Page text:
The expansion of the retail service provider (RSP) market in the wake of the National Broadband Network (NBN) rollout could bring risks to rollout schedules and customer experiences without careful accreditation, a digital economy analyst has warned.
The potential to sign up to four or even eight service providers simultaneously in a given premise has prompted industry pundits to propose the notion of household brands and other vertical industries to offer specific and differentiated services.
The likes of Woolworths, Coles, energy utilities as well as fashion retailers, healthcare and education providers have been named among those capable and perhaps willing to join a dwindling ISP sector under the NBN.
In forecasting potential changes under the NBN, Malcolm Alder, digital economy partner at analyst firm KPMG, said the introduction of non-traditional RSPs to the NBN would be a logical move for companies looking to expand revenue among consumers.
“To get from where you are today - in a world that is ruled by bricks and mortar, that is ruled by so many sales per square metre of footage - to that sort of a world of multiple channels and very different overall platforms... is pretty significant to put it very mildly,” he told attendees of Communications Alliance’s Broadband and Beyond 2011 conference this week.
The new RSPs may offer to provide direct internet-based retail services themselves or collaborate with other vertical industries to provide a package of services to users. Alder argued that while some vertical industries could find the proposition unnecessary, others would likely opt to offer the services to ensure greater reliability of connections.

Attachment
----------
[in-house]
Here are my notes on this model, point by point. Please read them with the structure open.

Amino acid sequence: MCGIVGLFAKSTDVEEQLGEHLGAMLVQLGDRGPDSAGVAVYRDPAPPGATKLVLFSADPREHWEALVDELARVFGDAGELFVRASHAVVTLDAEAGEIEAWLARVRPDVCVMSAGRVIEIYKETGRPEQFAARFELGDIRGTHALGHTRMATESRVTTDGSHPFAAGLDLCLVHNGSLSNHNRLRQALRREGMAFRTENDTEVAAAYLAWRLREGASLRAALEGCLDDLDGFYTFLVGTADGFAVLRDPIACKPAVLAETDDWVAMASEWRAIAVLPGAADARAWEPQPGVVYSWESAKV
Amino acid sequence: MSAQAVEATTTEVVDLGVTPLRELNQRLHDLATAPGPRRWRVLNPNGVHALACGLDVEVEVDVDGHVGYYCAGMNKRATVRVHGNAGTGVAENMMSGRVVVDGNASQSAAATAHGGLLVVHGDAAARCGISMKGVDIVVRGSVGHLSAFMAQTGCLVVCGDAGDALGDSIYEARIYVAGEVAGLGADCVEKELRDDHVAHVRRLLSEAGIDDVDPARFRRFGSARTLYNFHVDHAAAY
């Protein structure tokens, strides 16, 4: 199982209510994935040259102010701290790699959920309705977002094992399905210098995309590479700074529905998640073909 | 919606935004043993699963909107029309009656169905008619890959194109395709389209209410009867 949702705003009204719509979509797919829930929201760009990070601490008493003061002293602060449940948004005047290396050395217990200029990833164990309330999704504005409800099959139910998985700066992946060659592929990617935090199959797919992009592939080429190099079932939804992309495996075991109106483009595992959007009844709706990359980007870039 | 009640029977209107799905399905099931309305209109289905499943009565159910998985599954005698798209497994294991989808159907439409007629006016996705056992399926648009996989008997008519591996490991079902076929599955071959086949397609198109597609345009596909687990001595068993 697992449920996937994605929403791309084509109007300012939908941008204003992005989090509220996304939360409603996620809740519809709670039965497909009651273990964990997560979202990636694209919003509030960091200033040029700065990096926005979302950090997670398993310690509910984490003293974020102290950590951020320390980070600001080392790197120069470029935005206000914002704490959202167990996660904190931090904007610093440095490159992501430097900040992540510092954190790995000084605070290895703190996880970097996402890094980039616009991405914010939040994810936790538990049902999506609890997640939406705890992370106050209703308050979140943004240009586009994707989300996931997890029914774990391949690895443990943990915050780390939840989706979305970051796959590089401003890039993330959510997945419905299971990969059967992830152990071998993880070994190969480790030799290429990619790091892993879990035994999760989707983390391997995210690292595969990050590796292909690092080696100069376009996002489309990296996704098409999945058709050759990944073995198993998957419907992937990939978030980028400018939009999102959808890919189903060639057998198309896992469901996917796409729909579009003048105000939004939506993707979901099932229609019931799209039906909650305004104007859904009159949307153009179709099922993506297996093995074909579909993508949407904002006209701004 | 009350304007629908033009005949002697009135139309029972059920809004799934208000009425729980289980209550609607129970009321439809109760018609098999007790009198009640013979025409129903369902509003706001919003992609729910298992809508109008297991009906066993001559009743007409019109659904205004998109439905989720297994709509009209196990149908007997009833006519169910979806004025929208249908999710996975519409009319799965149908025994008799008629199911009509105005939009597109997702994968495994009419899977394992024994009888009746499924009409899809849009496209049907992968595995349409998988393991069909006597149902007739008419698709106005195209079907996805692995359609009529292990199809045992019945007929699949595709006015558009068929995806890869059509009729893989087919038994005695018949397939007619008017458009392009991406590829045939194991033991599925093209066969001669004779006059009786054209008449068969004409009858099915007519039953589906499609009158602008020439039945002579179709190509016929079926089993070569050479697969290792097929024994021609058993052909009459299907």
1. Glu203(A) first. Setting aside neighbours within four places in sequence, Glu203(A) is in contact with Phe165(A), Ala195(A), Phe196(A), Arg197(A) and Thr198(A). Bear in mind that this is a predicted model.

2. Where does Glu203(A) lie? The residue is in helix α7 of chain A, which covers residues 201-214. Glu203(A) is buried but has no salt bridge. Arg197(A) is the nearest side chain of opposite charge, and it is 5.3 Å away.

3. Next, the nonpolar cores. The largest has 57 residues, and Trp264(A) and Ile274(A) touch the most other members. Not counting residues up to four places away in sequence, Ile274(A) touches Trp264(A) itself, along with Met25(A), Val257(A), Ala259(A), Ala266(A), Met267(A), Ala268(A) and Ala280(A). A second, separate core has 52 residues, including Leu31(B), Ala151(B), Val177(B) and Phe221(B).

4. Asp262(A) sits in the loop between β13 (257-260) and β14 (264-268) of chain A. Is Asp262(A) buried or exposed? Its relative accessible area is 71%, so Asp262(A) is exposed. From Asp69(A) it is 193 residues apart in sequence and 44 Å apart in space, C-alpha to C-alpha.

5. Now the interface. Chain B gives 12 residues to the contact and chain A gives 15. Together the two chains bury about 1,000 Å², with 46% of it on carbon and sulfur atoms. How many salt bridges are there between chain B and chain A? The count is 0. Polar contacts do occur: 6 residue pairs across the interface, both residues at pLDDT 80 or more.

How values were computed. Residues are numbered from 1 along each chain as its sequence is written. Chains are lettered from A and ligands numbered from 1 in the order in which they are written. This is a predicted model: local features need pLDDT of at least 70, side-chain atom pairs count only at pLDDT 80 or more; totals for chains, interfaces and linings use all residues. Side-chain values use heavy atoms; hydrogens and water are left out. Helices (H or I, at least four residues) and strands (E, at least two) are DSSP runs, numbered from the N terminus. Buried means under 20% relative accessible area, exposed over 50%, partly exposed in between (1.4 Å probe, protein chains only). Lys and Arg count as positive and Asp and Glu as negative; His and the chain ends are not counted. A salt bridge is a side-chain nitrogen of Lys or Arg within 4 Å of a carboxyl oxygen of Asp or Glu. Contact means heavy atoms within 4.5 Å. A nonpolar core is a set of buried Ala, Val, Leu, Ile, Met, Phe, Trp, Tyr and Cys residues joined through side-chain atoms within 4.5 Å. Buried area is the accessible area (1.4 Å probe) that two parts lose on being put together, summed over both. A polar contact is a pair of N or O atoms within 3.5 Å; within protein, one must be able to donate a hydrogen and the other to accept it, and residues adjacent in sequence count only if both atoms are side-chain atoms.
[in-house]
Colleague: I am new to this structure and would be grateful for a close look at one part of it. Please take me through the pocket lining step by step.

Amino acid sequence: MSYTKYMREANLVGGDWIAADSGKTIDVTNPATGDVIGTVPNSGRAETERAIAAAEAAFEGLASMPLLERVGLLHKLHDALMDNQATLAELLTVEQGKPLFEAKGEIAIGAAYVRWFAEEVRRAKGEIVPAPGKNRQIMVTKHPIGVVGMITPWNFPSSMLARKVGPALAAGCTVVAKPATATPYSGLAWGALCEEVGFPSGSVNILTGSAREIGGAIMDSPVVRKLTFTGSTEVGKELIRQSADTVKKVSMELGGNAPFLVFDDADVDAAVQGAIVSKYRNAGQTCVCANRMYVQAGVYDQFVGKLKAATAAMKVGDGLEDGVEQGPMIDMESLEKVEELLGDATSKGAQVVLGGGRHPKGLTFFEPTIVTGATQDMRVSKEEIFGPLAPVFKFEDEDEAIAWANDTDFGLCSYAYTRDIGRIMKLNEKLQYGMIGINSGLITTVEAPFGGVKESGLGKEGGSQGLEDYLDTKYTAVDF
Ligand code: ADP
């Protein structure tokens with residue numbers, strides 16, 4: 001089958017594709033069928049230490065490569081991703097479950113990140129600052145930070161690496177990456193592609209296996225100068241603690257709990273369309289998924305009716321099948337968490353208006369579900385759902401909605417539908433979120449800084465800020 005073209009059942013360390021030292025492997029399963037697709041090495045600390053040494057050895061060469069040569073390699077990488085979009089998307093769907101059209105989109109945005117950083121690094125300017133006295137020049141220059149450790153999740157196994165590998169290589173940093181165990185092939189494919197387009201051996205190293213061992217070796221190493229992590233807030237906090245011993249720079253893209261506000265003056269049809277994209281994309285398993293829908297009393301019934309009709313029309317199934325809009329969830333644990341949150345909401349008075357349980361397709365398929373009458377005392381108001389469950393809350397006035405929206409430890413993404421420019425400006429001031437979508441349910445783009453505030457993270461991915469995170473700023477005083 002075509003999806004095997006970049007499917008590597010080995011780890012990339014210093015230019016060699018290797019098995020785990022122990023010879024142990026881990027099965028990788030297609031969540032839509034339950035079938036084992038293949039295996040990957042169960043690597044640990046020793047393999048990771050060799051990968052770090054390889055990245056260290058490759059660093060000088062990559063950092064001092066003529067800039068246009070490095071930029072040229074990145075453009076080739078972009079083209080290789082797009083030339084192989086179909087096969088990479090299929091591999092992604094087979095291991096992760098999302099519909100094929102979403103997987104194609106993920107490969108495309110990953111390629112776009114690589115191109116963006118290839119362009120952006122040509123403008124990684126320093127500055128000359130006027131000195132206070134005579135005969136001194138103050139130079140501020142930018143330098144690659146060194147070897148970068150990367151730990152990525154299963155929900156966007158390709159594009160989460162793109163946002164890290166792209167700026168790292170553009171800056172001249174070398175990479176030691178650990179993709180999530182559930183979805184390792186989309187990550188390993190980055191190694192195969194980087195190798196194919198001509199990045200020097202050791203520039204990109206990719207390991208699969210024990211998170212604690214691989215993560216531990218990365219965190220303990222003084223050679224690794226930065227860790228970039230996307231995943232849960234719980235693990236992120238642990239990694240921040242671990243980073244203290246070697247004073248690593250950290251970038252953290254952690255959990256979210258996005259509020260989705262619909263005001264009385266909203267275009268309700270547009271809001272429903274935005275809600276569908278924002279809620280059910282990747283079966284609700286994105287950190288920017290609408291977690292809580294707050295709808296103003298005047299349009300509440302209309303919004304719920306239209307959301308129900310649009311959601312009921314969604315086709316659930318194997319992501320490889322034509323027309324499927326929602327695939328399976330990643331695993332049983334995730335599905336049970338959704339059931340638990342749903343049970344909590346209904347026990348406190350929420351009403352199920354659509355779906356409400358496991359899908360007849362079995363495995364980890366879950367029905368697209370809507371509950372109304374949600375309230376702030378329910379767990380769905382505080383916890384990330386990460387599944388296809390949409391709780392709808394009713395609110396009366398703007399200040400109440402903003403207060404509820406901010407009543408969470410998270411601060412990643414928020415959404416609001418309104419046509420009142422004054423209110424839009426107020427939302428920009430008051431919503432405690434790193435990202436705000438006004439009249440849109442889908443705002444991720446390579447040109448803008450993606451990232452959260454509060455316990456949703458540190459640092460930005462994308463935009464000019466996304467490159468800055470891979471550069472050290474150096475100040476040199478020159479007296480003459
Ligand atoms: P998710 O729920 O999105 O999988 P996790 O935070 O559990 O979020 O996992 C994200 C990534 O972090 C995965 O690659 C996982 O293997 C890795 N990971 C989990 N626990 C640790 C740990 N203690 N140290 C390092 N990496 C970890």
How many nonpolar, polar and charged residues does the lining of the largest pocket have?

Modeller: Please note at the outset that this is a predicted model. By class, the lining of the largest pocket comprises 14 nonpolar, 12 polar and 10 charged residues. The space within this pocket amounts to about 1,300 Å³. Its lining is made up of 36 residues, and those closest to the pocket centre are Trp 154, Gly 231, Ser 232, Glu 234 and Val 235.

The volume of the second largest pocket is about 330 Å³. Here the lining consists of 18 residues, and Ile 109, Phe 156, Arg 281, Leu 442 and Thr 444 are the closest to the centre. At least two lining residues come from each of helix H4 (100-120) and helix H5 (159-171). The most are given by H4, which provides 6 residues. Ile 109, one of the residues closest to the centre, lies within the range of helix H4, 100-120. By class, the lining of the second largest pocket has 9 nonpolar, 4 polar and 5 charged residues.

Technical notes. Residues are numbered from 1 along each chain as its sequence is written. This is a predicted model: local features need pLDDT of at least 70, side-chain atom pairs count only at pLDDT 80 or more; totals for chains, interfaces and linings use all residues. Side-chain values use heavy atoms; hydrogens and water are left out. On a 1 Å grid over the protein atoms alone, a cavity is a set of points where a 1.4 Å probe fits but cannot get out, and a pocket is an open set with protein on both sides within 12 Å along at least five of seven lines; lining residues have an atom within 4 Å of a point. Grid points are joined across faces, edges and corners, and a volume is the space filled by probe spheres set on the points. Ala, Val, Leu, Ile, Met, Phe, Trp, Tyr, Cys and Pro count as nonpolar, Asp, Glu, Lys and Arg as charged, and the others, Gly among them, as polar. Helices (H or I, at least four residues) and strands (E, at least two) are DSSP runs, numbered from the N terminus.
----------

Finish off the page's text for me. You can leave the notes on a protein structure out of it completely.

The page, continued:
However, he said NBN Co would be required to carefully vet new access seekers prior to offering the products in a live environment.
“There is a very legitimate question about retailer accreditation and customer experience,” he said.
The lack of technical capability and expertise in the field remained a key risk, according to Alder, who said unsupervised changes to customer premises equipment by such RSPs were also a cause for concern.
In an information paper released late last year, NBN Co outlined basic criteria for access seeker qualification. Under the guidelines, potential retailers are required to be carrier, content or carriage service providers and need to meet the wholesaler’s financial requirements.
The potential access seekers would also be required to undergo interoperability testing with NBN Co in a billing/operational support systems (BSS/OSS) sandpit to be erected at the wholesaler’s Melbourne-based network operations centre later this year. A second, isolated fibre sandpit is only mandatory for VoIP and IPTV service providers.
NBN Co expects to use a single wholesale broadband agreement with all access seekers and will undergo one-on-one consultant regarding the eligibility of each seeker and the alignment of their products to wholesale services. NBN Co expects to roll out the network and confirm with access seekers on a business-as-usual basis by the end of 2012.
Alder, who also helped to write the $25 million KPMG and McKinsey implementation study delivered to the Federal Government last year, said NBN Co would need to be careful in preventing access seekers to placing pressure or influence on rollout schedules and the customer experience.
“The whole customer experience can only be partially mediated by NBN Co; they are after all a wholesaler,” he said.
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